Why Divorce Forces Many People to Drain Their Retirement Accounts
Our Grand Rapids high-asset divorce attorney knows that going through a divorce can be stressful and challenging, even when spouses agree to work together to end their marriage. But according to a new study from the University of Michigan, it can also have a crippling effect on your prospects for retirement.
Divorce is the top reason that Americans raid their retirement accounts early, Michigan researcher Frank Stafford found. Those people are often looking for fast cash to fill the gap left by a decline in income following a divorce, Stafford and University of Delaware researcher Thomas Bridges concluded.
They also said the raiding might become more common thanks to the economic downturn caused by the coronavirus pandemic.
“Increasingly, retirement savings are being used to finance current consumption, notably during periods of income decline,” Stafford said. “From our work, we expect to see heavy access to pre-retirement pension balances, and ceasing to participate in contributing to pension in response to the economic impacts of coronavirus.”
The researchers found that divorced people are nearly 10% more likely than others to tap into their retirement savings early. That means they have to pay early withdrawal fees and will have less money saved for retirement.
“There is the short-term benefit of greater liquidity through reducing contributions to, or withdrawing cash from, retirement resources, and this liquidity feature may substantially benefit constrained households,” Stafford said. “Of concern, however, is the effect of repeated use of these more flexible retirement account saving features on longer term savings adequacy.”
High-Asset Divorces in Michigan
Divorcing spouses with high assets may be less likely to turn to retirement cash after a split. Still, these divorces can raise several issues that can significantly impact each spouses’ financial well-being.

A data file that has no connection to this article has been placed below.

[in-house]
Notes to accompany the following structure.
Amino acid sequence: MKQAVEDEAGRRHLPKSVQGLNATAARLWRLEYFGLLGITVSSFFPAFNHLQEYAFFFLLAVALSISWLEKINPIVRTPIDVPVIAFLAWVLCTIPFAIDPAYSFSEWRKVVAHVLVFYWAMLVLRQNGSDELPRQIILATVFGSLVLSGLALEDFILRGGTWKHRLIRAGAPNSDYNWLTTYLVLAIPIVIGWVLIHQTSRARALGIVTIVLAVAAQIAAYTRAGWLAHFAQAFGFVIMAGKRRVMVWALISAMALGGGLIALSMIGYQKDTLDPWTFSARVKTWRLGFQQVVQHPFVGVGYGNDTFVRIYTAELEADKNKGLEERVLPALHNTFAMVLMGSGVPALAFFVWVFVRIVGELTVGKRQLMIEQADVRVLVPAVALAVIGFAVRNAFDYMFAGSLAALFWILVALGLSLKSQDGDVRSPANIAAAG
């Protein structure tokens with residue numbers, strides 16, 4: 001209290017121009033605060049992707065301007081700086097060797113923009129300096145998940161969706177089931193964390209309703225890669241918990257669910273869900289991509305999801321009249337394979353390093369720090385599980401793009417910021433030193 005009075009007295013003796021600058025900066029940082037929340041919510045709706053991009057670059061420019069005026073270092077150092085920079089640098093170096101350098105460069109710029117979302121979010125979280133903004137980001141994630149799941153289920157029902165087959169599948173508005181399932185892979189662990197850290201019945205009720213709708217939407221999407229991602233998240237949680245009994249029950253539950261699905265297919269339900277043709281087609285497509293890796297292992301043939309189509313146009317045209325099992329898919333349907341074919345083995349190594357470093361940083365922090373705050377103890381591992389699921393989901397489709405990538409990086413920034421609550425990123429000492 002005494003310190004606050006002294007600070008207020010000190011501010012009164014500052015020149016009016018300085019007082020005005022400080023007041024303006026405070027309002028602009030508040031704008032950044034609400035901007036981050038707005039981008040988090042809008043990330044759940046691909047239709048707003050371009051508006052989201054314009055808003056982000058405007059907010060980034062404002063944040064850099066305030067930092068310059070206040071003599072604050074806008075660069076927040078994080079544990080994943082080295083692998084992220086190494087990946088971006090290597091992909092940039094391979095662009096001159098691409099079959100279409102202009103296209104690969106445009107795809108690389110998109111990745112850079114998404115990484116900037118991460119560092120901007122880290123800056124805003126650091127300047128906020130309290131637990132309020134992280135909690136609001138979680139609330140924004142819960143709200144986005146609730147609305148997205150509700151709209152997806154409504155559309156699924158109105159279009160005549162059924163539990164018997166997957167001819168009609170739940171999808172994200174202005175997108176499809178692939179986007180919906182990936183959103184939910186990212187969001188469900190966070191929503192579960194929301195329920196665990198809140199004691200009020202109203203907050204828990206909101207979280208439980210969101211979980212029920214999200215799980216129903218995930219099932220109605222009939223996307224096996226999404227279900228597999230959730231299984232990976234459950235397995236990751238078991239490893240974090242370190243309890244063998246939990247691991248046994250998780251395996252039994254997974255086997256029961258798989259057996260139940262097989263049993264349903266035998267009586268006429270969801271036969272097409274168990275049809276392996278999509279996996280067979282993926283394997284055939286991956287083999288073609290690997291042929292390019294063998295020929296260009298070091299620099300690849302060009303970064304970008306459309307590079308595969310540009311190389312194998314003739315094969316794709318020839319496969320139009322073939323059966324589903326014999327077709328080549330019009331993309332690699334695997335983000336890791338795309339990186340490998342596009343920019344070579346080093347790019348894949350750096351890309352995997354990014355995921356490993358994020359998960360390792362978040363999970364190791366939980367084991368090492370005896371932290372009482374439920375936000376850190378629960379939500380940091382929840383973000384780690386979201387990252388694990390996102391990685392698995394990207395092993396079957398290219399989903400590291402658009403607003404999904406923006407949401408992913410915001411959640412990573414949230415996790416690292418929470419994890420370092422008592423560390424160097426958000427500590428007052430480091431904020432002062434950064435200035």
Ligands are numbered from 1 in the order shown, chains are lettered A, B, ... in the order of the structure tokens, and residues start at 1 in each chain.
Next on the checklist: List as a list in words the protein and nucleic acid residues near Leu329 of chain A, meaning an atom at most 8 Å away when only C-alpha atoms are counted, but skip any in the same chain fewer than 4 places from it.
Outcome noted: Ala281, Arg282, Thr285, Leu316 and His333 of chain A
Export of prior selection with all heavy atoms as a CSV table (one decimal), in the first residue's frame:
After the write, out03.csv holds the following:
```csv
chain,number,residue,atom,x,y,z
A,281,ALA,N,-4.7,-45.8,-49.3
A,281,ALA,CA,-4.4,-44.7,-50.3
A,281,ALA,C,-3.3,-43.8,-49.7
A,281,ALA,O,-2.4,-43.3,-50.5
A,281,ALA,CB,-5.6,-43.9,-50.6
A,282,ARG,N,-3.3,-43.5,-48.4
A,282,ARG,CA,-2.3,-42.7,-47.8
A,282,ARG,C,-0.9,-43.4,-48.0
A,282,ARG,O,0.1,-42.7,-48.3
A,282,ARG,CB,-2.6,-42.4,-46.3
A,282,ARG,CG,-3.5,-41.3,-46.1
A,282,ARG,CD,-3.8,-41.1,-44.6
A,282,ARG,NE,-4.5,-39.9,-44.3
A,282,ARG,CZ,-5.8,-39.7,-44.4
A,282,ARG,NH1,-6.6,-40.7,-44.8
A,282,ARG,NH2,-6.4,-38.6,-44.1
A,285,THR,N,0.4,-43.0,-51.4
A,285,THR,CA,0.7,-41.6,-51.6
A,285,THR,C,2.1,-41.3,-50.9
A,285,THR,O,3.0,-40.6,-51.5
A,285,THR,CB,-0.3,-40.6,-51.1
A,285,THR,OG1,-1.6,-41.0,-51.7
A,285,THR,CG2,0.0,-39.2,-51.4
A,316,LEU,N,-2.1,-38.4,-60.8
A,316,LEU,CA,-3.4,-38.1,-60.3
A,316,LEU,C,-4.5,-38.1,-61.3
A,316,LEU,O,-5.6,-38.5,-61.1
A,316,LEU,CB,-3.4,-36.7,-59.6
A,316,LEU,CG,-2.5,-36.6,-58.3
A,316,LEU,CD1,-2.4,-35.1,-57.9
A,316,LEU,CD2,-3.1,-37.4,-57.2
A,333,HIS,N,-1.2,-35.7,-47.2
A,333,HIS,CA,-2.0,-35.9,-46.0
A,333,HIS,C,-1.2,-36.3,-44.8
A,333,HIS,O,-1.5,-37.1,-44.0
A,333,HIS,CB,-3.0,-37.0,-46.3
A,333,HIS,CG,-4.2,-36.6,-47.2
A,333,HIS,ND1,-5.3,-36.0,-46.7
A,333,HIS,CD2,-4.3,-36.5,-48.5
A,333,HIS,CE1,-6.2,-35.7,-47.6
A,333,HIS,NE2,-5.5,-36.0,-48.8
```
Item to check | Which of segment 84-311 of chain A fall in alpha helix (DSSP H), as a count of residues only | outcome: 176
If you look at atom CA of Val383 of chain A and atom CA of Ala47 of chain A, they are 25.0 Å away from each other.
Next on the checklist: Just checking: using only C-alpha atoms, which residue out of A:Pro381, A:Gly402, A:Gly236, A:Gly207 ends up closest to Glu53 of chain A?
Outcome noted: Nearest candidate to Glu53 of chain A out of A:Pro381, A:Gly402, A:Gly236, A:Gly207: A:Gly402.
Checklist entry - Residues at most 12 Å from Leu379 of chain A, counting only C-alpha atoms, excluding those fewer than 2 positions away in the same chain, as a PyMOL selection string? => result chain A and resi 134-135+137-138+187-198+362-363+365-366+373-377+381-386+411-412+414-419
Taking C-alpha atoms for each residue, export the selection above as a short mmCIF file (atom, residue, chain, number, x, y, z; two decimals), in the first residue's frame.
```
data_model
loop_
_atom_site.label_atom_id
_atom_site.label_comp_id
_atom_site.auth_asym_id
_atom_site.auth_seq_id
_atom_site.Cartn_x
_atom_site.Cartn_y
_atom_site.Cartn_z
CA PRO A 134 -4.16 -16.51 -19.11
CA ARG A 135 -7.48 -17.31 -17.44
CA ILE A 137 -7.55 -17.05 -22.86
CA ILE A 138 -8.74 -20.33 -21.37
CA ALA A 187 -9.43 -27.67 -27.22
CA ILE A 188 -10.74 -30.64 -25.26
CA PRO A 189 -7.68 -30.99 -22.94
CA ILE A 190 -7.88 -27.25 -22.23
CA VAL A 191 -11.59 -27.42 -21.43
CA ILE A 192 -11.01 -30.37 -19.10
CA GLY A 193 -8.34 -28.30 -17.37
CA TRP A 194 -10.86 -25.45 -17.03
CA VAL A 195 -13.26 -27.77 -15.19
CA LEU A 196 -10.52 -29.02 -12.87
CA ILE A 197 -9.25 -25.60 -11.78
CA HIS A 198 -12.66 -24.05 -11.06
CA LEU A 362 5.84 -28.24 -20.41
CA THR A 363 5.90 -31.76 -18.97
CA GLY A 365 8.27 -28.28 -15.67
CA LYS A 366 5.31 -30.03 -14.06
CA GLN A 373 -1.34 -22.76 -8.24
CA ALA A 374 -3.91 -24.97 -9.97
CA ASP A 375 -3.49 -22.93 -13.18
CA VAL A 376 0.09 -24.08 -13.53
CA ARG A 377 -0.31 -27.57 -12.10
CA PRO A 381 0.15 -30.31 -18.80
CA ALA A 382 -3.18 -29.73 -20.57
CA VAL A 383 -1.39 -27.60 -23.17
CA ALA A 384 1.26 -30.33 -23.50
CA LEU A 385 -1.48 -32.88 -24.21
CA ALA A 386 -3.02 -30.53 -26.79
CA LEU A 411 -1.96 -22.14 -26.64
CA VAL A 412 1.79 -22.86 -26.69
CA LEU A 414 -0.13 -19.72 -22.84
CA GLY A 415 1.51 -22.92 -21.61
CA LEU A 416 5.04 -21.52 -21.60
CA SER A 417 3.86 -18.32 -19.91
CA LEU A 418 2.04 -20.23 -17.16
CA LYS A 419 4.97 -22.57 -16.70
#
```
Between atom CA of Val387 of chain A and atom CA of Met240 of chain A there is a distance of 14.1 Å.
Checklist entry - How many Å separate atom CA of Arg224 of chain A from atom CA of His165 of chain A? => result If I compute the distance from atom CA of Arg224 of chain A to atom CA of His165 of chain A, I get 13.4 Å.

Any assets obtained by one or both spouses during the marriage are likely to be considered marital assets, subject to division in the event of a divorce. That is true regardless of whether both spouses contribute financially over the course of the marriage or one spouse was the primary “breadwinner.”
In some situations, even separate property obtained by one spouse prior to the marriage may be subject to division. That is especially likely in situations where the assets have been comingled or otherwise treated as marital property during the marriage.
That is why it is vital that a person involved in a high-asset divorce seek an experienced lawyer’s advice. In Michigan, a Grand Rapids high-asset divorce attorney at Kraayeveld Law can help you understand your rights and options and develop a strategy to protect your assets.
Speak With A Grand Rapids High-Asset Divorce Attorney Today
Are you considering filing for divorce? If so, we encourage you to contact us for a free consultation. A Grand Rapids high-asset divorce attorney will give you an honest assessment of your situation.